Photographing and Developing

When I think about photographing, it is with film - usually at this point of time black and white - and it is inseparable from the process of developing the film and whatever comes afterwards.

And even though, as for example tonight, sometimes not all goes according to plan and you find yourself with a damp spiral (I know, I know - I am going to write myself a big placard - NO DAMP SPIRALS!) and the 120 film will not load onto it as everything in the changing tent starts to then get damp and sticky, it is still something I would never want to relinquish. The thing is, no matter what the problem (and usually there isn’t one) you work out a remedy and you get through it in the end. Sure, this time I might lose some shots due to kinked film or whatever but that’s just part of it sometimes, and now I shoot extra for insurance against things like that if there’s something that is really working in the picture.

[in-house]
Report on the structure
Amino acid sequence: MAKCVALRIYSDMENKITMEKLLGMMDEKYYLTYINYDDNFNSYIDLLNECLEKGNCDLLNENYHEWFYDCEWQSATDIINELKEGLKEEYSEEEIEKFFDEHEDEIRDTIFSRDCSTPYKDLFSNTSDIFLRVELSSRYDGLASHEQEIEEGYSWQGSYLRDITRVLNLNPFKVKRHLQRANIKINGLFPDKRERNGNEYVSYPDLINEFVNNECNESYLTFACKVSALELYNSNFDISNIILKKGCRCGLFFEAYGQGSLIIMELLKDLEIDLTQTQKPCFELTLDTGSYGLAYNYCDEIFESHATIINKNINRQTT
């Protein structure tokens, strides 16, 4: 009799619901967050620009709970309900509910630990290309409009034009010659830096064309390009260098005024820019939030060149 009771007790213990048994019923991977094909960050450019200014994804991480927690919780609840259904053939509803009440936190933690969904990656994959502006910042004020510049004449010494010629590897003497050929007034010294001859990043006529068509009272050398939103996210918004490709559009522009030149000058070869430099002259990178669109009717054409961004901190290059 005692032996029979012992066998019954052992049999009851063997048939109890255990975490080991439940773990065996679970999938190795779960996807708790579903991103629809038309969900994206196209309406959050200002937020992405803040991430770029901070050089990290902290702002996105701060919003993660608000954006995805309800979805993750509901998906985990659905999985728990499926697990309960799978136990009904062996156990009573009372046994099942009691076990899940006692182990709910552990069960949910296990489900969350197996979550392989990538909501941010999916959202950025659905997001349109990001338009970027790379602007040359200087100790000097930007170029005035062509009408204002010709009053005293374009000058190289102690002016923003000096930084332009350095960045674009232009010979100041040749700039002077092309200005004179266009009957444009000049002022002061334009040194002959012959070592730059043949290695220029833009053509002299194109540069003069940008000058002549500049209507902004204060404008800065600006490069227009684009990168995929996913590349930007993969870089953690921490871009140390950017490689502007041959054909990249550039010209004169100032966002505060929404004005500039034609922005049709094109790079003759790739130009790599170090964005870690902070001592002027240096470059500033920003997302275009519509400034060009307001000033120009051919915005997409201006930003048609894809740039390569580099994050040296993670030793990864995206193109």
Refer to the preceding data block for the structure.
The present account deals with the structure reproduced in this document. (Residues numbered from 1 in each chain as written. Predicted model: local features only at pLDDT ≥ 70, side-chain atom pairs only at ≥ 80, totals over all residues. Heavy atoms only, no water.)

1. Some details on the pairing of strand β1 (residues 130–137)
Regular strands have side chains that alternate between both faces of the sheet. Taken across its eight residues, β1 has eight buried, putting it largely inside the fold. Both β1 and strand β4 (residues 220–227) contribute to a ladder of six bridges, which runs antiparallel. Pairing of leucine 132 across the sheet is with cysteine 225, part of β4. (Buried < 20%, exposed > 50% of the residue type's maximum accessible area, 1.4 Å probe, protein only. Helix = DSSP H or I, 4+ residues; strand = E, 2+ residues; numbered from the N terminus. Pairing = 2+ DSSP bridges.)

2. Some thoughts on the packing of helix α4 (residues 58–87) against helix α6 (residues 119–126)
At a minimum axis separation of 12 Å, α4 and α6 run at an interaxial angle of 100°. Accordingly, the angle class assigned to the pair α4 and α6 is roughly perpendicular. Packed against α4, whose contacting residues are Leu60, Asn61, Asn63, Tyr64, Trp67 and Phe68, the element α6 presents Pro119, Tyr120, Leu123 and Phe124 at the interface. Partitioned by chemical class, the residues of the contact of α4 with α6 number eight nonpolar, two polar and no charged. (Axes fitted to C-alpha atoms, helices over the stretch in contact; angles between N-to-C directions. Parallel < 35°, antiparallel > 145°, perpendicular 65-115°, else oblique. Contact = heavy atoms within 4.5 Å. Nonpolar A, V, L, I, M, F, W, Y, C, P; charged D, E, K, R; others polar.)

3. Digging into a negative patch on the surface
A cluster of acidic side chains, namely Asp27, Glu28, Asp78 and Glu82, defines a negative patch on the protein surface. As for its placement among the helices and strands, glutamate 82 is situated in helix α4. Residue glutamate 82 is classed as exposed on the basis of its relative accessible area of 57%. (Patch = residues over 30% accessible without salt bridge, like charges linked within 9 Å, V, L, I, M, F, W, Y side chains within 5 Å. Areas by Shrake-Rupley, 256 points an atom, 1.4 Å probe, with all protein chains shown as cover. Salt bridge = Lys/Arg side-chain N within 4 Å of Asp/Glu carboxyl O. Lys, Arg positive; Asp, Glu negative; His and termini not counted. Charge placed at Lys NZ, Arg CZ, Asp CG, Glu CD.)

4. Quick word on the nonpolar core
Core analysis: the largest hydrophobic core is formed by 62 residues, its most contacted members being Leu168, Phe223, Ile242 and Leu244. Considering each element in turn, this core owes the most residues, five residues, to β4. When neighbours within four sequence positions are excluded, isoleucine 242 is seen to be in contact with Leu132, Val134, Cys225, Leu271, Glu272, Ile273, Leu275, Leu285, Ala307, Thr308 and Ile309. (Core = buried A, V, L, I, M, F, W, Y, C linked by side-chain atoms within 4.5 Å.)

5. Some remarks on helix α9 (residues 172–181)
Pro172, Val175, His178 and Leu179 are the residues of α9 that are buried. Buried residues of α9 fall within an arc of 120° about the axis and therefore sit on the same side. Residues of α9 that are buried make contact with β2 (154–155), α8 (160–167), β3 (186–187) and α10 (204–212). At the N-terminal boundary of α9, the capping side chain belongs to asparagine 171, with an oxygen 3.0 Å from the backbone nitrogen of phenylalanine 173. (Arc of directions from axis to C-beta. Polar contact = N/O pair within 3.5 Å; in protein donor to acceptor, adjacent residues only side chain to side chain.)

The whole process, from tracking down your subject (if it is a portrait as it was today), to intuiting what might be a good theme or premise for the day’s shoot, perhaps scouting locations (we were out at Sunbury today, so plenty of great spots), selecting angles and lenses and what to do with his hands, whether to look at the camera or away, all of these and a zillion other things are immensely satisfying when it all comes together.

And what comes after? Drying the film overnight, then either low resolution scanning or maybe making a proof sheet in the darkroom. Then assessing - which works best and which sits most comfortably in the other photos in the set - and doing a final high resolution scan and inkjet print or a beautiful darkroom print.

So from nothing, just some virgin film rolls at the start of the day, you get at length a picture that might give you (and hopefully your subject and maybe even other people) pleasure for a long time to come.

I really love photography.